Friday, 30 September 2016


'Socialism for the 21st century' - that's the rallying cry from the Labour Party conference in Liverpool this week. Sounds good to  me. The Cornishman published my letter last month in which I made the case that leading economists such as Ha-Joon Chang at Cambridge, Thomas Piketty in France, and Joseph Stiglitz in the States have ideas for the recovery of capitalist market economies and the creation of more humane and prosperous societies that are broadly similar to those of Jeremy Corbyn

Jeremy Corbyn - our next prime-minister

and all who share his values. The old and crude polarisation of capitalism vs socialism is no longer fit for purpose.

Pilgrim, my alter ego in 'The Road to Corbyn' (published August 2016), says (p.132):

'I feel ... I feel now that the way people used to talk about the battle between capitalism and socialism is no longer helpful. Too many sane and compassionate people who have an understanding of economics that is the opposite of  the neo-liberal nonsense we are suffering believe in the positive power of the market to  generate wealth. But that market has to have a measure of regulation or otherwise Mammon will rule. Inequalities of  wealth and power will be the order of  the day' ...

And a little later (p.133):.

'The smile had gone. Pilgrim was angry. "It is the patronising contempt for ordinary people that gets to me. We are all equal in worth. There should not be this reckless pursuit of deception ..."

If I had to pinpoint the key ideas of my book - the reason for writing - those extracts above capture

Wednesday, 14 September 2016


I had said in my last blog that there would be no blogging for three weeks since we were going away on holiday. But having taken the laptop away with me in order to keep up with publishing news (sales figures for 'The Road to Corbyn', reviews, the urge to blog again has become irresistible. This island is too important in our life journey - and in that of others too - not to give due acknowledgement.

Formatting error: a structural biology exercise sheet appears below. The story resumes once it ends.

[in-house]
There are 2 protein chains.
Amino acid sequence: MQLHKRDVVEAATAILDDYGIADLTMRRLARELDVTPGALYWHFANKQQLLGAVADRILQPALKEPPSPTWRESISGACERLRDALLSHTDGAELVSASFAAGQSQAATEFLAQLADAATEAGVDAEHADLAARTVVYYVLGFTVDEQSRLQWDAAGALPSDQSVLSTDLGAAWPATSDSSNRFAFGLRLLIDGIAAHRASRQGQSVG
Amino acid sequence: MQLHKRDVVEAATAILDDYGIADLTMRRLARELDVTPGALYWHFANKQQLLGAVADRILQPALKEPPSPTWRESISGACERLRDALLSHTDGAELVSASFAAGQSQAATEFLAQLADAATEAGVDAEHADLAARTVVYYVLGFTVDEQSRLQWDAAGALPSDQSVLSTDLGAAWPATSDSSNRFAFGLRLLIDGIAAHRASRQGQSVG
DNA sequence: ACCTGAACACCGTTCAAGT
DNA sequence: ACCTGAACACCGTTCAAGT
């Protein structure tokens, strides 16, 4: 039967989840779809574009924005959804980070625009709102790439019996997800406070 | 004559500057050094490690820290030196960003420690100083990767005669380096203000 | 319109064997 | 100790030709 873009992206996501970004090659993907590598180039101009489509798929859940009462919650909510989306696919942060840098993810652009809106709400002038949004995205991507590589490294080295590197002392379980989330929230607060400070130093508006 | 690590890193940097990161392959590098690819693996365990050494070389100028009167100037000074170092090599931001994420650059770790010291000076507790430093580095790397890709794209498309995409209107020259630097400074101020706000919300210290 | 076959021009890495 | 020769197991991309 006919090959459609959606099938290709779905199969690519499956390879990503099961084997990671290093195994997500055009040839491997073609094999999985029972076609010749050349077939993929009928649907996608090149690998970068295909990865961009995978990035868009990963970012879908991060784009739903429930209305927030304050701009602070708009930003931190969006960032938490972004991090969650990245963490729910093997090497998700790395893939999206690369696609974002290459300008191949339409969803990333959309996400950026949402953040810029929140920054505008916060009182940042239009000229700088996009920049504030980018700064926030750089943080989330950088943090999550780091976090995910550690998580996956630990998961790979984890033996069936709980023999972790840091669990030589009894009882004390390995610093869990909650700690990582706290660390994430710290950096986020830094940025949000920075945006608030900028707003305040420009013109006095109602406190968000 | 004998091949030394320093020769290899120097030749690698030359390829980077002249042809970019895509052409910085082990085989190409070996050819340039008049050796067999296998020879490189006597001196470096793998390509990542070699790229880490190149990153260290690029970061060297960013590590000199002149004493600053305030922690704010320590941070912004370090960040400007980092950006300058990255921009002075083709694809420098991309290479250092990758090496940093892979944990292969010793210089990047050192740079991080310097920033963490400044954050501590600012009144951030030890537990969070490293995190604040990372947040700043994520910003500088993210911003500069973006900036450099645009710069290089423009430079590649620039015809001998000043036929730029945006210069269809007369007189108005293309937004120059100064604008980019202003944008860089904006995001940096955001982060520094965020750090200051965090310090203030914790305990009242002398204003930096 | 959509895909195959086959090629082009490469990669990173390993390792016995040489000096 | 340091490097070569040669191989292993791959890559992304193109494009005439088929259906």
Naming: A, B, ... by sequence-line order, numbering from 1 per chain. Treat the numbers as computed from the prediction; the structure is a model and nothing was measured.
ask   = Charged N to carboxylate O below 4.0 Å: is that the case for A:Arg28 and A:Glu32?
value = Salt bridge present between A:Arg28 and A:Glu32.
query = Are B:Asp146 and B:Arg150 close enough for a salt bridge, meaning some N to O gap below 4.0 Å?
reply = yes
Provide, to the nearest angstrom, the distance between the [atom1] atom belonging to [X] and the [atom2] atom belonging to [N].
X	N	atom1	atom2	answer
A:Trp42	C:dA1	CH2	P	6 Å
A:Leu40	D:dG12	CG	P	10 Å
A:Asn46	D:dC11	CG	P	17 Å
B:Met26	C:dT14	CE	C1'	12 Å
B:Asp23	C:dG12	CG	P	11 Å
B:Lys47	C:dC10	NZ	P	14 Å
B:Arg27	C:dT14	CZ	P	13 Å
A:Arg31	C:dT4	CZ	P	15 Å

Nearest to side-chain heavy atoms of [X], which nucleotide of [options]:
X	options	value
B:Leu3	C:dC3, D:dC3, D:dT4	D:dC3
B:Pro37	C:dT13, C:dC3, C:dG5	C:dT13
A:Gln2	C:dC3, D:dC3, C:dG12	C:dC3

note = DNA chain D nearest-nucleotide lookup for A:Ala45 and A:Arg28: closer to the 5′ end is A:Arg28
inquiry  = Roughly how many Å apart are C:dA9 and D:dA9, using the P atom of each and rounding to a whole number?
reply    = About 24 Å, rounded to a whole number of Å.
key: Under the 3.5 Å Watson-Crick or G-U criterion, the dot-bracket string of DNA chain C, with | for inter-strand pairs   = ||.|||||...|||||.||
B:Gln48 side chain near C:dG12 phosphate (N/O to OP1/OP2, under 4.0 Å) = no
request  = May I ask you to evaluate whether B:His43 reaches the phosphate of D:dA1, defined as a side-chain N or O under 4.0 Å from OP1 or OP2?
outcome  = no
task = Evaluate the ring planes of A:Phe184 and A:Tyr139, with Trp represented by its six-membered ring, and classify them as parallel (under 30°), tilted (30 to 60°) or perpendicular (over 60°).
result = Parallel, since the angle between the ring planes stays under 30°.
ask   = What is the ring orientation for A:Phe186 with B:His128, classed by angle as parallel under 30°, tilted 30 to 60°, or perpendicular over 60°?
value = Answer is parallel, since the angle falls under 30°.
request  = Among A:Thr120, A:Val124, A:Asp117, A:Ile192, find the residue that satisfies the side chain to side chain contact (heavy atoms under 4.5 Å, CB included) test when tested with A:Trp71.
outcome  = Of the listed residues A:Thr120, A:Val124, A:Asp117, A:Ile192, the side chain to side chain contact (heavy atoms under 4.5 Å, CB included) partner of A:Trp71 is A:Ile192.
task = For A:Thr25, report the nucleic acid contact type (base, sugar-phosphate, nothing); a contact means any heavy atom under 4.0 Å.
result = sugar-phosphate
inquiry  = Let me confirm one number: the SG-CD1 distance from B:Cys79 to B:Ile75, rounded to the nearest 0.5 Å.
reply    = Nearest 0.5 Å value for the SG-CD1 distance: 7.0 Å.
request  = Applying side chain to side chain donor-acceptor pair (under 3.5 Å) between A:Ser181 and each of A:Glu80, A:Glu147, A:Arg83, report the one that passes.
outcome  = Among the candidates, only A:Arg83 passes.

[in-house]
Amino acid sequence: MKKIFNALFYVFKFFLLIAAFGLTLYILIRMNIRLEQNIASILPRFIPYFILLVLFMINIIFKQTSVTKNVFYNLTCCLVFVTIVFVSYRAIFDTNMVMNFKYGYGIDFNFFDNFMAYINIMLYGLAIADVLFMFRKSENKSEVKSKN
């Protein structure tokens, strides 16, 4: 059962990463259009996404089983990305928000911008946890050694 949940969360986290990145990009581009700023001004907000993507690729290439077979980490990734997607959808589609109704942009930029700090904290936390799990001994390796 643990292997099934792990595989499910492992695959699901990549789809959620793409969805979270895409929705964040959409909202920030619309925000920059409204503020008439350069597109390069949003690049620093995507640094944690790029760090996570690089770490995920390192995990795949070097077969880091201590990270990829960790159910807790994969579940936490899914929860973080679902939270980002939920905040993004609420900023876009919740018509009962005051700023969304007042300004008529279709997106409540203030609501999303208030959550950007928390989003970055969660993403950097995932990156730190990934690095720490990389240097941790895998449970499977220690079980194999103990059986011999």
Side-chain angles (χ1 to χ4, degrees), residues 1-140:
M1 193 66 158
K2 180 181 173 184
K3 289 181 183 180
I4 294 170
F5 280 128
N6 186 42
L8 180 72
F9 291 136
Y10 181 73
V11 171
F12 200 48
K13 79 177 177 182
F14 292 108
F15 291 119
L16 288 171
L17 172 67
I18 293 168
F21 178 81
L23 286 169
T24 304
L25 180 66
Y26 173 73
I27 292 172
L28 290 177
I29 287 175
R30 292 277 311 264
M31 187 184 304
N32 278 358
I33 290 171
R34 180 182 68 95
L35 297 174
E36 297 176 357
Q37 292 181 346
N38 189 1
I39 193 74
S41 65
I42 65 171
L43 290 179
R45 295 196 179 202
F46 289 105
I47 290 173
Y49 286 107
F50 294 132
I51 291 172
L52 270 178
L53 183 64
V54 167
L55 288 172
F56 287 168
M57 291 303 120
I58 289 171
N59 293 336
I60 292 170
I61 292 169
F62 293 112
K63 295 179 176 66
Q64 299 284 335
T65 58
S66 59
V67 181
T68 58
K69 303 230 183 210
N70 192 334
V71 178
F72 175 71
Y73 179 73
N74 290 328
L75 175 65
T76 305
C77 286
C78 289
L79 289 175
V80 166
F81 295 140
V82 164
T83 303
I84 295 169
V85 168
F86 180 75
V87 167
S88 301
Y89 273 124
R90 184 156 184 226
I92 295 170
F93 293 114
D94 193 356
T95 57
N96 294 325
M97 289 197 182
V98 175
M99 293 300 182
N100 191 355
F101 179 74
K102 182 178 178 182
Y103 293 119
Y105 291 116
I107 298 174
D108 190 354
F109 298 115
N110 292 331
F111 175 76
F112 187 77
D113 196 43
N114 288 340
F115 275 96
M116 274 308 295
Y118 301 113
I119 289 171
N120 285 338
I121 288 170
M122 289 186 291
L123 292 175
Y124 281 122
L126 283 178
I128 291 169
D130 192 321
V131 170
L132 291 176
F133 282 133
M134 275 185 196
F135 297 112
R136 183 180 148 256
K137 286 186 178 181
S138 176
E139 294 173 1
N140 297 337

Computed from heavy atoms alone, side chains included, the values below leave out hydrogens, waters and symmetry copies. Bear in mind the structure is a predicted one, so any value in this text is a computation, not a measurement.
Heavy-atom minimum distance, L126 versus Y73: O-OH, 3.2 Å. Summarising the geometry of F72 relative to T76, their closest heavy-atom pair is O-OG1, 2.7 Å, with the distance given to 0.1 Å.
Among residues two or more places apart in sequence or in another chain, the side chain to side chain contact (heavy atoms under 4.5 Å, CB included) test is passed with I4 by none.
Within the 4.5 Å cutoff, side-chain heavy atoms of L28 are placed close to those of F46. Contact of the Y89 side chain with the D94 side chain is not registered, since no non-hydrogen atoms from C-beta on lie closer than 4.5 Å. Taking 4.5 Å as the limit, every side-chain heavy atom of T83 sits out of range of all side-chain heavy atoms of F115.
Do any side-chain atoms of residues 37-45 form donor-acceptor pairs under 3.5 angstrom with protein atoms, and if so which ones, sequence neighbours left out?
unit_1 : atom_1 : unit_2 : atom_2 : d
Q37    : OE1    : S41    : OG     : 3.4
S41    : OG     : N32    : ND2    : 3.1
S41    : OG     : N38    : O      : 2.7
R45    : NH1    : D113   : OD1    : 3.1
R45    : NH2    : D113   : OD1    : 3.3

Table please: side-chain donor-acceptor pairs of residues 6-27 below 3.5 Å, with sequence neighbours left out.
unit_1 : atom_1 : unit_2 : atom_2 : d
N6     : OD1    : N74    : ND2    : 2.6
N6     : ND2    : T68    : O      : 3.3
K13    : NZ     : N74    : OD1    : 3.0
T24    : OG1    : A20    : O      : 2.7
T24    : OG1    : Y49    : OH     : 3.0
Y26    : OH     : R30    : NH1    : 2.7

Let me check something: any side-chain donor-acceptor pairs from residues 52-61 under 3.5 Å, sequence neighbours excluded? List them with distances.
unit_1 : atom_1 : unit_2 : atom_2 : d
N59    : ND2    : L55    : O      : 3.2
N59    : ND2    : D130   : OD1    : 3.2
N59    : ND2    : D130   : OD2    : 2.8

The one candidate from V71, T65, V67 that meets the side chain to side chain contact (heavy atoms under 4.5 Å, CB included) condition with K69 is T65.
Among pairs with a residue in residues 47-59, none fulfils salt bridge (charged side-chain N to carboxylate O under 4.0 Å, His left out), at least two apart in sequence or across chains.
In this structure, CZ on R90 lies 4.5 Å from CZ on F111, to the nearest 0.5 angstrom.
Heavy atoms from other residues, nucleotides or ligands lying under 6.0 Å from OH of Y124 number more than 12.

Patmos is less than a dozen miles from the Turkish coast, eight hours ferry-ride distance from the Athenian port of Piraeus; a Dodecanese island small enough to drive around in a couple of hours that is the site of one of the great monasteries of the Greek Orthodox church at Chora on the highest point of the island. This is the Holy Island. John the Evangelist, it is claimed, received the revelations that were then in time recorded in the last book of the Christian bible here on Patmos, in a cave, at the end of the first century. The cave itself is now a focal point of devotion within the Convent of the Apocalypse, half-way up the hillside ascending to the great monastery itself that was built around the end of the 11th century.


Whatever the historical truths of such claims, many travellers have spoken and written of the sense of peace that comes to them on this island. The American poet, Robert Lax, lived a hermitic life here for several decades, writing much of his major poetry, before returning to end his days in the place of his birth. Peter France, a former BBC editor, made this island a place of personal pilgrimage for himself and his family and wrote with insight about its power, not least in 'Patmos a Place of Healing'.

And we have been coming here - first in August and now I am no longer in the classroom in September - every year we could afford to since 1988, the year of our first visit. We are approaching fifteen visits. They have been a lifeline. Two weeks of rest for weary pilgrims on a life journey that